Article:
• Whip together until the buttercream is light and fluffy. Add in the rest of the heavy cream as needed until you get the consistency you like. Continue whipping the buttercream together until it is light and fluffy. The key to a good buttercream is in the mixing. Mix for 5-7 minutes until silky smooth.
  • Pipe buttercream on cooled cookies. This recipe yields enough to frost these cookies. If you like a lot of frosting, you may want to make 1.5 or two times the buttercream recipe.

Notes

Sourdough Discard: You can use fresh, bubbly sourdough starter or sourdough discard in this recipe. Depending on where in the fermentation cycle your discard is, it may be more or less runny. You may need to add a little extra flour to these cookies if your discard has more liquid. I also prefer a mild to non-existent sour flavor in these sourdough sugar cookies and am mainly using the discard for the moisture and to avoid waste. If you don’t mind a more pronounced sourdough flavor, use refrigerated discard up to a week or two old. I use 100% hydration sourdough discard.
Long-Fermented Sugar Cookie Option: If you want more of the health benefits of sourdough that come from the fermentation process, you can long-ferment these sugar cookies in the refrigerator overnight or up to a couple of days. Roll them out and proceed with baking the cookies.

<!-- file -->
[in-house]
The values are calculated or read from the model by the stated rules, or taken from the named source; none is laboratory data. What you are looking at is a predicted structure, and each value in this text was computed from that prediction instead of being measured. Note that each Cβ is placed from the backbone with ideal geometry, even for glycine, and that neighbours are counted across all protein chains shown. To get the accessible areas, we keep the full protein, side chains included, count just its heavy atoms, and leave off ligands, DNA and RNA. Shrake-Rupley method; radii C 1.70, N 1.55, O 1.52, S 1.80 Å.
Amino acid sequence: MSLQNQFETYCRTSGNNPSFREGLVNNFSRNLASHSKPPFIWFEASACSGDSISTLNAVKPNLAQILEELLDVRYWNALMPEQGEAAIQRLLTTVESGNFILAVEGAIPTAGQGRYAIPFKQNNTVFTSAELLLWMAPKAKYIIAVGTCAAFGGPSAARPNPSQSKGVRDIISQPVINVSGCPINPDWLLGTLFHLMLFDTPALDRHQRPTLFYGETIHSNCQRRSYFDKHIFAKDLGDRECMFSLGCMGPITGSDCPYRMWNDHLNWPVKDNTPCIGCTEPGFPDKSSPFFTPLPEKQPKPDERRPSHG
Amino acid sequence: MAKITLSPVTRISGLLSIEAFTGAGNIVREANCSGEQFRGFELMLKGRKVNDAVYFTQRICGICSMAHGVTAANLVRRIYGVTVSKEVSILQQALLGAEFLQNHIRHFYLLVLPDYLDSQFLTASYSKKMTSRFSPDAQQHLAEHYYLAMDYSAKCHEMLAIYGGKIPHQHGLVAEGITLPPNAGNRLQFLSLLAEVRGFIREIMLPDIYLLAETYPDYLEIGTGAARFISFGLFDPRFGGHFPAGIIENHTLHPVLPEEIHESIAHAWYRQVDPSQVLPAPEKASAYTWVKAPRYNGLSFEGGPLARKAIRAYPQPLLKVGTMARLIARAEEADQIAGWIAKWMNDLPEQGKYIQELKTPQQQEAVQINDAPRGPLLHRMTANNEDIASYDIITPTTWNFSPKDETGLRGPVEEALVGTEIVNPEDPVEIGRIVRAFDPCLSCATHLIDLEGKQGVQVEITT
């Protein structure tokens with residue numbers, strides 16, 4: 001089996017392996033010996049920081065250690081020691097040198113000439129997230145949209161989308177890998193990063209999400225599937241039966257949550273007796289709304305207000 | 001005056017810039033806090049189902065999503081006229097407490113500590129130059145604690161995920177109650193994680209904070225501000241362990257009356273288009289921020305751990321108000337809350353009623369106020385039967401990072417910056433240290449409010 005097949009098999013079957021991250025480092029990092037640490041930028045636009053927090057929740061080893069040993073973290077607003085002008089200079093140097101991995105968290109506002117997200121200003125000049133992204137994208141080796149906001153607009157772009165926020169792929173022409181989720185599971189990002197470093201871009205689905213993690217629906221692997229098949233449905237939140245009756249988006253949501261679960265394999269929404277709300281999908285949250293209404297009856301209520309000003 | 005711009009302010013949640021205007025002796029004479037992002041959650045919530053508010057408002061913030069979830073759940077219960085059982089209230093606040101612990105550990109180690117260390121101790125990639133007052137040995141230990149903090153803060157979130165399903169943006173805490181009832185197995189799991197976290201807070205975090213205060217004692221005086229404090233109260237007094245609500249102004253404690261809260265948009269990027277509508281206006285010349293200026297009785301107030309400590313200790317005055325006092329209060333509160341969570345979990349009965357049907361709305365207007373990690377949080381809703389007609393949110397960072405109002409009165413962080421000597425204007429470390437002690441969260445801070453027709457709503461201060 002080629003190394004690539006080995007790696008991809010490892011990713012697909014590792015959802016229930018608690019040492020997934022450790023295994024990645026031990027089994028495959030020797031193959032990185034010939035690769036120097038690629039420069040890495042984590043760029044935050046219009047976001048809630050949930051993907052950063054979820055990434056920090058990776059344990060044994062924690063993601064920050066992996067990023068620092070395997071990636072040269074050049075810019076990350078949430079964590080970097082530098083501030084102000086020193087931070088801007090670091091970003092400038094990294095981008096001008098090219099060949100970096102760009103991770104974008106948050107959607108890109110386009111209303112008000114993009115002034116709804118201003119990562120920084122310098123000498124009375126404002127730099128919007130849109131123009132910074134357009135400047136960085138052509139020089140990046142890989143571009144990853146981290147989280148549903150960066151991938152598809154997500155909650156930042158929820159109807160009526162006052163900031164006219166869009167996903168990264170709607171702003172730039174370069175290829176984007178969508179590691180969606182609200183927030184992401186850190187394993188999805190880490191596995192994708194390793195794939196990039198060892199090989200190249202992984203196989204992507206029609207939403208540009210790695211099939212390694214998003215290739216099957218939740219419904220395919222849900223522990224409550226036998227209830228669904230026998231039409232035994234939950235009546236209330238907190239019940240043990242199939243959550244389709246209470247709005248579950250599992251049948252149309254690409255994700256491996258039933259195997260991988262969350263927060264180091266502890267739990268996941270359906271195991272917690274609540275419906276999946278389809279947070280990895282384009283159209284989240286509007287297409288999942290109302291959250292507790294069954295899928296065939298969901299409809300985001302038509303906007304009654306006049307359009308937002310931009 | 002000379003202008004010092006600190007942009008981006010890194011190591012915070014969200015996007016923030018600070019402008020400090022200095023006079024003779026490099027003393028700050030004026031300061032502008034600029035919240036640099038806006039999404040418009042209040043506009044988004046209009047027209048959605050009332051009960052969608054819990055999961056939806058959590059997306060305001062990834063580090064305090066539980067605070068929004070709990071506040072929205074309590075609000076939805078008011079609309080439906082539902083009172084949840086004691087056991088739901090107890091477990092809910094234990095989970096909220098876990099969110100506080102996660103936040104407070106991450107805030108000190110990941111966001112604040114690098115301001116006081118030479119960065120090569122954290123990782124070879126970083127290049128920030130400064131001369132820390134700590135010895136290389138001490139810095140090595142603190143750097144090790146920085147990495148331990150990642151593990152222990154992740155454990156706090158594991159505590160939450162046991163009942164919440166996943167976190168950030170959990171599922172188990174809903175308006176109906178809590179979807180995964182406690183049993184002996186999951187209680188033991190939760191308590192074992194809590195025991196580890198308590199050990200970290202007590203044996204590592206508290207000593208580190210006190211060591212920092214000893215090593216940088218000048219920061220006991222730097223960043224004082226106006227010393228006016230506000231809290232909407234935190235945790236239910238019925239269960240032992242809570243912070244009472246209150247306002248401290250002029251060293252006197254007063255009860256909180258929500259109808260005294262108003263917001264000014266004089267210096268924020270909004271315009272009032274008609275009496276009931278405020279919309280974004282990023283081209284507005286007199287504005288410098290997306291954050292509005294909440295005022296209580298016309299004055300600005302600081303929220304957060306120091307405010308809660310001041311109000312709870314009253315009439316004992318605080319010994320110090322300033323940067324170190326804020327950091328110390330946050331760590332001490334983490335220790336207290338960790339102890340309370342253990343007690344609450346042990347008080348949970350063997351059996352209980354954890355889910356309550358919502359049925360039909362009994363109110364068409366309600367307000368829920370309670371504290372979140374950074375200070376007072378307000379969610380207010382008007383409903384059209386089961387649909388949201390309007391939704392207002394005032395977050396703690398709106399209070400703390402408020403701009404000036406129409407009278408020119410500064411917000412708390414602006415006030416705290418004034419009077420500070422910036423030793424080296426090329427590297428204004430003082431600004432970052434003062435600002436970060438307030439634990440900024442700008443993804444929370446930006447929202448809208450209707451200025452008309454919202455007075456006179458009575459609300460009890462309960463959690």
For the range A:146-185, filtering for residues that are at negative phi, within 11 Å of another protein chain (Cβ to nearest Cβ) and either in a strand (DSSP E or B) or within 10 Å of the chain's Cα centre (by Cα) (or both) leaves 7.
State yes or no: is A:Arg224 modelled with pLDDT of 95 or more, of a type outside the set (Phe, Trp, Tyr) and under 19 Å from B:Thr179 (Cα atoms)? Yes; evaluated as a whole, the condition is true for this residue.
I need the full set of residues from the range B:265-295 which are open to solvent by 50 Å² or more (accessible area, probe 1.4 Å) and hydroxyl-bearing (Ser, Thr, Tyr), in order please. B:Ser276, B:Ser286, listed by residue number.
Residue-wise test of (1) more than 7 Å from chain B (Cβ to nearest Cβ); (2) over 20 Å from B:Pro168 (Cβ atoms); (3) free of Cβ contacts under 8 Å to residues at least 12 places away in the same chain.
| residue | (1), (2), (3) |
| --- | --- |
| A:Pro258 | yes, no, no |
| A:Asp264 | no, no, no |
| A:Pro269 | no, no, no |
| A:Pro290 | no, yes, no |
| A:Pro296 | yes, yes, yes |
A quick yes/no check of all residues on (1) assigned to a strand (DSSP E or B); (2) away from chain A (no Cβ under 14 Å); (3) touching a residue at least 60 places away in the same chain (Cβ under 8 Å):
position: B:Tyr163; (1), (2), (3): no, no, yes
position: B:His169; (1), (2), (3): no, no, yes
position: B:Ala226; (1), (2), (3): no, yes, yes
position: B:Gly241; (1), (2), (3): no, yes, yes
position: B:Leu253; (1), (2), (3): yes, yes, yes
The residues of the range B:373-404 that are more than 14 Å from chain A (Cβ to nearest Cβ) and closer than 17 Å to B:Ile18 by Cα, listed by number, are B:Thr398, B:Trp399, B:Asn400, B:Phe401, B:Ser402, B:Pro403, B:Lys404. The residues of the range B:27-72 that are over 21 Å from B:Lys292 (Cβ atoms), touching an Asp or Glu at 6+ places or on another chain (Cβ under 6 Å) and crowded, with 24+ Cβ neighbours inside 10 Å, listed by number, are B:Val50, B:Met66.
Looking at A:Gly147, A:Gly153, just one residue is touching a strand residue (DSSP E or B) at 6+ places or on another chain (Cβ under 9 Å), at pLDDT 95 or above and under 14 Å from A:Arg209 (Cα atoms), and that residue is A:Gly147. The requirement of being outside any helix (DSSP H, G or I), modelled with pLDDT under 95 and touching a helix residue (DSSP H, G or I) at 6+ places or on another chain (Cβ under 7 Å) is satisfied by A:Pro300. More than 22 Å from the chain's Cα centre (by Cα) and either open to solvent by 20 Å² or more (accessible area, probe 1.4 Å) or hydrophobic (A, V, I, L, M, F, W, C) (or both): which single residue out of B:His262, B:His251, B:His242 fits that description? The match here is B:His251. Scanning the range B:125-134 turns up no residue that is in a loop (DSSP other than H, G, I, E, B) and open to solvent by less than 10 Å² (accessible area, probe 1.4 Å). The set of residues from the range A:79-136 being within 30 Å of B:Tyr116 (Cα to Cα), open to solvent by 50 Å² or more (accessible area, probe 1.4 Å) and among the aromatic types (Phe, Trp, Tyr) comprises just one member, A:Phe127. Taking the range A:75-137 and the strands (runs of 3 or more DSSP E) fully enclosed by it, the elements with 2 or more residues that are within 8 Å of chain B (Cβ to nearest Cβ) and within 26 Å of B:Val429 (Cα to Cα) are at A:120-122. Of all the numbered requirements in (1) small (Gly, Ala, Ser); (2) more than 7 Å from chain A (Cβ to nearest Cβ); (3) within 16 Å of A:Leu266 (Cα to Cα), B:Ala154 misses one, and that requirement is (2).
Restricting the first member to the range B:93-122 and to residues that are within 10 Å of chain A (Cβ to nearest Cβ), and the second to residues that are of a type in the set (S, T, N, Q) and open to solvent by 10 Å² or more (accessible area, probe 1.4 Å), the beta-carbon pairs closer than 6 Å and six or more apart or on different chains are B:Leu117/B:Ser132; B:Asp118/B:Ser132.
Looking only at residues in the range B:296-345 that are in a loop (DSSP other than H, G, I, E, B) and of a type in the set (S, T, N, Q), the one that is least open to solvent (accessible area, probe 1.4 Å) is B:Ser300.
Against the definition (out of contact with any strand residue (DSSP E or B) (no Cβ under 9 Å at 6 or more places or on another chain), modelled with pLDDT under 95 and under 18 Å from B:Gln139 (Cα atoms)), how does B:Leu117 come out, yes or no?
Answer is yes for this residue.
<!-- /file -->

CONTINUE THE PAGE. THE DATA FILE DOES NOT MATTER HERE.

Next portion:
Buttercream: I like to substitute 5 grams of almond extract in place of 5 grams of vanilla extract for an almond/vanilla flavored icing. If you don’t have heavy cream, you can use milk instead. Milk is not as thick as cream, so use about 20 grams and add a little more at a time as needed.
Freezing Cookies: These cookies freeze beautifully, frosted or unfrosted. Stack cooled unfrosted cookies. Place cookies in an airtight container and freeze. Pull out when ready to frost, and frost from frozen. You can also freeze frosted cookies. Frost cookies, then freeze on a baking sheet until frozen all the way. To thaw frosted cookies, pull out of the freezer and let thaw to room temperature. Enjoy!
You can find all of my favorite baking items that I use to make these cookies linked on my Amazon Storefront.
Keyword discard sugar cookies, homemade sourdough sugar cookies, homemade sugar cookies, sourdough discard sugar cookie recipe, sourdough sugar cookie recipe, sourdough sugar cookies, valentine sourdough sugar cookies
Tried this recipe?Let us know how it was!

Similar Posts

Leave a Reply

Your email address will not be published. Required fields are marked *

Recipe Rating




3 Comments

  1. I wait all year for these! Now I can make them whenever my HEART desires! Thanks for sharing…these are absolutely delicious!! ❤️😋❤️

  2. 5 stars
    Had to try this with our cookie cutters. Worked very well with detailed cutters. The taste and texture were very pleasant. I’m enjoying this sourdough journey 🙂